In 2019, the severe acute respiratory syndrome SARS-CoV-2 or COVID-19 began affecting individuals in China. The virus made its way to other regions of the earth, eventually causing a global pandemic that led to millions of illnesses and deaths. As the pandemic has progressed, researchers have focused on identifying the specific mechanisms responsible for its symptoms. A team at Columbia University in New York has shown that the virus appears to alter fundamental protein structures associated with red blood cells.
Red Blood Cells and COVID-19
The primary symptoms of COVID-19 infection – shortness of breath, cough, and in some severe cases, respiratory failure and death – have proven the virus to be particularly harmful to lung cells. Previous research has shown that epithelial cells within the lung’s alveoli host many surface receptors that can bind with an enzyme known as angiotensin-converting enzyme 2, or ACE2. Unfortunately, COVID-19’s spike protein binds with ACE2, breaching the cellular membrane of any cell that can receive the enzyme and infect it. In this way, the disease is expressed within the respiratory system of those who contract it.
In addition, other research has identified surface proteins on human red blood cells that interact with ACE2, including angiotensin. Since red blood cells are primarily responsible for traveling throughout the body and binding to and transporting oxygen, scientists have hypothesized that COVID-19 may alter these surface proteins. If such an interaction is present, the virus could affect red blood cell’s hemoglobin counts and binding affinity for oxygen which, in turn, could affect the blood’s ability to transport oxygen and could severely reduce the amount of oxygen available to the body.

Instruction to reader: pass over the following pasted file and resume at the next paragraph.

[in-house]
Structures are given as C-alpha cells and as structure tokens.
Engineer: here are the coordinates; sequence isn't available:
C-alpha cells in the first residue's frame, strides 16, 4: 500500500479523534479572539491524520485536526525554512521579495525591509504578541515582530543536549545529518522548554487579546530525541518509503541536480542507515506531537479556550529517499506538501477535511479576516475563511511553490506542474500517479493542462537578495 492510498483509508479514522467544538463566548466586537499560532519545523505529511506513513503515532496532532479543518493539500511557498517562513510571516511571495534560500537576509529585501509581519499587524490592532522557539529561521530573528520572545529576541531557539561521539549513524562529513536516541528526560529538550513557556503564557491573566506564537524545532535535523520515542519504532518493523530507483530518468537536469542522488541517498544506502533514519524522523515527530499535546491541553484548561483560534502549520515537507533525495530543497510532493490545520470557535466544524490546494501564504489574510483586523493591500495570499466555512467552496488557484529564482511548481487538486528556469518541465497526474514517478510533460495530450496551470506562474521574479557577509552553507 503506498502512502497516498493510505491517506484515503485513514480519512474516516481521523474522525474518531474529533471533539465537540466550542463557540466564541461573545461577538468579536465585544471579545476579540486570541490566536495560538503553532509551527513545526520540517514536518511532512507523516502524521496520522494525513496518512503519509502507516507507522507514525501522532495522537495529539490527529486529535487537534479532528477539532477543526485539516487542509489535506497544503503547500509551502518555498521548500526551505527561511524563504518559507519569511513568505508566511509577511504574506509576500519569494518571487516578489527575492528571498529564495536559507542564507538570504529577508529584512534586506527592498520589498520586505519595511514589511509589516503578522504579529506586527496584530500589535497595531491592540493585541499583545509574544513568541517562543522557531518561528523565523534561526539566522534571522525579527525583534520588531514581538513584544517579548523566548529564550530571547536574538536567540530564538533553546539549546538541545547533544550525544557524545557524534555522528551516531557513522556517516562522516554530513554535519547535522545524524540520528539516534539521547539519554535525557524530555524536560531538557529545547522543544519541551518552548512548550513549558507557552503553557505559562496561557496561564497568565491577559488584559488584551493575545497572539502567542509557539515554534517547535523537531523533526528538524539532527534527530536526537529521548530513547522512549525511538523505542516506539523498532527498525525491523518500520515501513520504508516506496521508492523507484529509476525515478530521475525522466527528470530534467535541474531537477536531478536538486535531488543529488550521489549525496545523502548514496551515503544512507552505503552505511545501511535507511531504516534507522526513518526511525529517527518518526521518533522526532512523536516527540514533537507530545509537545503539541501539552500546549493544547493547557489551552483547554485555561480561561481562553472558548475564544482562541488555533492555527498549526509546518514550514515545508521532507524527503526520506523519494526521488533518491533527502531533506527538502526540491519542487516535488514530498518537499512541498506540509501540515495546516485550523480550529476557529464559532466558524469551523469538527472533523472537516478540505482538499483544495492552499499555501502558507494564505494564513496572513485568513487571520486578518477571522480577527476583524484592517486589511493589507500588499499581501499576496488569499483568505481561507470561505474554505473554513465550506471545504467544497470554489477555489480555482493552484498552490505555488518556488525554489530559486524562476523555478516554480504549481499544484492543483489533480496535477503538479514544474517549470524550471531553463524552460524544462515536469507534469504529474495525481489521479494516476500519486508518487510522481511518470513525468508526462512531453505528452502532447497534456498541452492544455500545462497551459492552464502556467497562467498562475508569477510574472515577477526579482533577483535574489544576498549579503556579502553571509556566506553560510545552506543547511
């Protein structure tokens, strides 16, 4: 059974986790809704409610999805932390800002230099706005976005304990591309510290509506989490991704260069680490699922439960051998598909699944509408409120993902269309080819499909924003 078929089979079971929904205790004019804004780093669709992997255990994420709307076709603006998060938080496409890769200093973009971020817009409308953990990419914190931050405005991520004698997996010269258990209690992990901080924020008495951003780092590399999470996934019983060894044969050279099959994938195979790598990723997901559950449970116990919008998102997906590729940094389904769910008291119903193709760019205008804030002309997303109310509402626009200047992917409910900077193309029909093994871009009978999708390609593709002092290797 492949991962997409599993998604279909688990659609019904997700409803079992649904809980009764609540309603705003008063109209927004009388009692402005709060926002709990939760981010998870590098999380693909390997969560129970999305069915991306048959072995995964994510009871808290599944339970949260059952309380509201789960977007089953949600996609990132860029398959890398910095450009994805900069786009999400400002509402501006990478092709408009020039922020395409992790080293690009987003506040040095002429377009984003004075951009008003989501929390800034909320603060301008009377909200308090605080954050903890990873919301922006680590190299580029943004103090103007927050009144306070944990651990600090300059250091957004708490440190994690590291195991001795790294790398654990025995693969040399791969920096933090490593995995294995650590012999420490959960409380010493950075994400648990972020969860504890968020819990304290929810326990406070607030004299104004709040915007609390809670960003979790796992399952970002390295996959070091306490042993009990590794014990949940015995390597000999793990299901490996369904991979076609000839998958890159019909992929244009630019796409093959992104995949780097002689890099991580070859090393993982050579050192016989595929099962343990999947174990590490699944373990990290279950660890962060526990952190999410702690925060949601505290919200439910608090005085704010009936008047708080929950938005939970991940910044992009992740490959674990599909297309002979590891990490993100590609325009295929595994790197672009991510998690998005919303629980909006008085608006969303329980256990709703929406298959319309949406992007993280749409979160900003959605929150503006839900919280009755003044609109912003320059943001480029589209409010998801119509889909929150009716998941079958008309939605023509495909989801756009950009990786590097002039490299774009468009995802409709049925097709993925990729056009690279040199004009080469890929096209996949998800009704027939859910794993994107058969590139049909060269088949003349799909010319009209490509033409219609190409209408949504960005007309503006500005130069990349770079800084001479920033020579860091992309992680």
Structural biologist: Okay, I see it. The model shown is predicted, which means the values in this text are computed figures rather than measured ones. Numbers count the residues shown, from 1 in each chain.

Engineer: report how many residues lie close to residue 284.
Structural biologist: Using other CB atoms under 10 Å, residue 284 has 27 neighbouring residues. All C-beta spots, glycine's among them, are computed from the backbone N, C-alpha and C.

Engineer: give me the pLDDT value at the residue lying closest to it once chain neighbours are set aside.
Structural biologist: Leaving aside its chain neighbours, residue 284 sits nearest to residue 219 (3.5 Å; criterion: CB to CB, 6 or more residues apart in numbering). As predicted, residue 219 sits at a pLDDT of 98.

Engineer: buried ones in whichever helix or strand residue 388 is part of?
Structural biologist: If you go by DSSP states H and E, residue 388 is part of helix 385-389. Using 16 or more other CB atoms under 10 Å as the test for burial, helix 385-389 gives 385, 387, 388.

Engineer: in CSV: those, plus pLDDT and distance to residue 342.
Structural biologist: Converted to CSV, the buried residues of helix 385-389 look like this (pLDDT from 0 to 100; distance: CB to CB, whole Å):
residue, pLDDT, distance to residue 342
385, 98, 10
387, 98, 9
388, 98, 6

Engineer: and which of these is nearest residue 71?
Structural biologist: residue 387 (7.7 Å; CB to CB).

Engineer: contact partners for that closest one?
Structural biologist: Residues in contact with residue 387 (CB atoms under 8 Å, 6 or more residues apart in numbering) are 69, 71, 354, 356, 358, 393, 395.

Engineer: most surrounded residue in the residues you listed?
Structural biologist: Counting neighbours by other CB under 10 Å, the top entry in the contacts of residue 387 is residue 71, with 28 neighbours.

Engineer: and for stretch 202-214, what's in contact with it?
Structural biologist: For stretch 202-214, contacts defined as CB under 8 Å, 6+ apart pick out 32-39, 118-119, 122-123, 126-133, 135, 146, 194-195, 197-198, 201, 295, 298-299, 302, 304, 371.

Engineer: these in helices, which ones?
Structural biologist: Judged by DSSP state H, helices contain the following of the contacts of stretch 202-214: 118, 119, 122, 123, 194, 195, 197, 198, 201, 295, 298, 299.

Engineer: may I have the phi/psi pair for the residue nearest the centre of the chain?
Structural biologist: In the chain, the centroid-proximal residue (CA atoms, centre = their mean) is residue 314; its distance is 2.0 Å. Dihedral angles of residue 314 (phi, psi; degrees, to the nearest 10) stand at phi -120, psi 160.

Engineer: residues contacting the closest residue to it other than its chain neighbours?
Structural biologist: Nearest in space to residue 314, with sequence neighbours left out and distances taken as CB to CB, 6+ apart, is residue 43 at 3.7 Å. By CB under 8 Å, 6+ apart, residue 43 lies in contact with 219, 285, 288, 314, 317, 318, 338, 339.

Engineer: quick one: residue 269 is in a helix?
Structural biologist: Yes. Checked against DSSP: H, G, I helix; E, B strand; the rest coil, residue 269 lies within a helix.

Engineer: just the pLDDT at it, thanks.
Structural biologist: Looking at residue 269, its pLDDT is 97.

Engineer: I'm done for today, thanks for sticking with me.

Red Blood Cells in COVID-19 Patients Versus Healthy Individuals
To learn more about how COVID-19 affects red blood cells, researchers utilized cutting-edge protein, metabolism, and other innovative research techniques to perform a study aimed at identifying damage caused by the virus. In the study, researchers compared blood samples from healthy individuals who had tested molecularly negative for COVID-19 with those taken from COVID-19 positive individuals. Overall, the study found that, compared to COVID-19 negative individuals, subjects with COVID-19 experienced increased glycolysis and sucrose consumption, as well as increased sugar intermediates in the blood.
In addition, COVID-19 red blood cells showed increased oxygenation and alteration of surface proteins. The increases in metabolites – specifically phosphates – seem to increase red blood cell’s ability to release oxygen. In theory, this behavior should counteract the low blood oxygen levels caused by the respiratory effects of COVID-19. However, the way COVID-19 alters surface proteins like AE1 negates any potential benefit.
Impacts of COVID-19
Since a specific portion of AE1 on the surface of red blood cells helps stabilize hemoglobin and facilitates the unloading of oxygen, the altered AE1 in a COVID-19 patient may be unable to respond to oxygen saturation as it changes in the blood. In particular, when red blood cells travel from the lungs to capillaries, COVID-19 may render them unable to serve their purpose. As a result, continued hypoxia could begin to harm multiple body systems, as seen in the most severely ill COVID-19 patients.
More research is needed to determine the extent of the virus’ alteration of red blood cell surface proteins and exactly how much the alterations truly affect hemoglobin’s affinity for oxygen and the blood’s ability to transport oxygen. However, it appears that protein damage is a primary way COVID-19 exerts critical damage to the respiratory and circulatory systems. With more knowledge about these key factors, researchers may be able to isolate a new approach to preventing damage and reversing the effects of this deadly disease.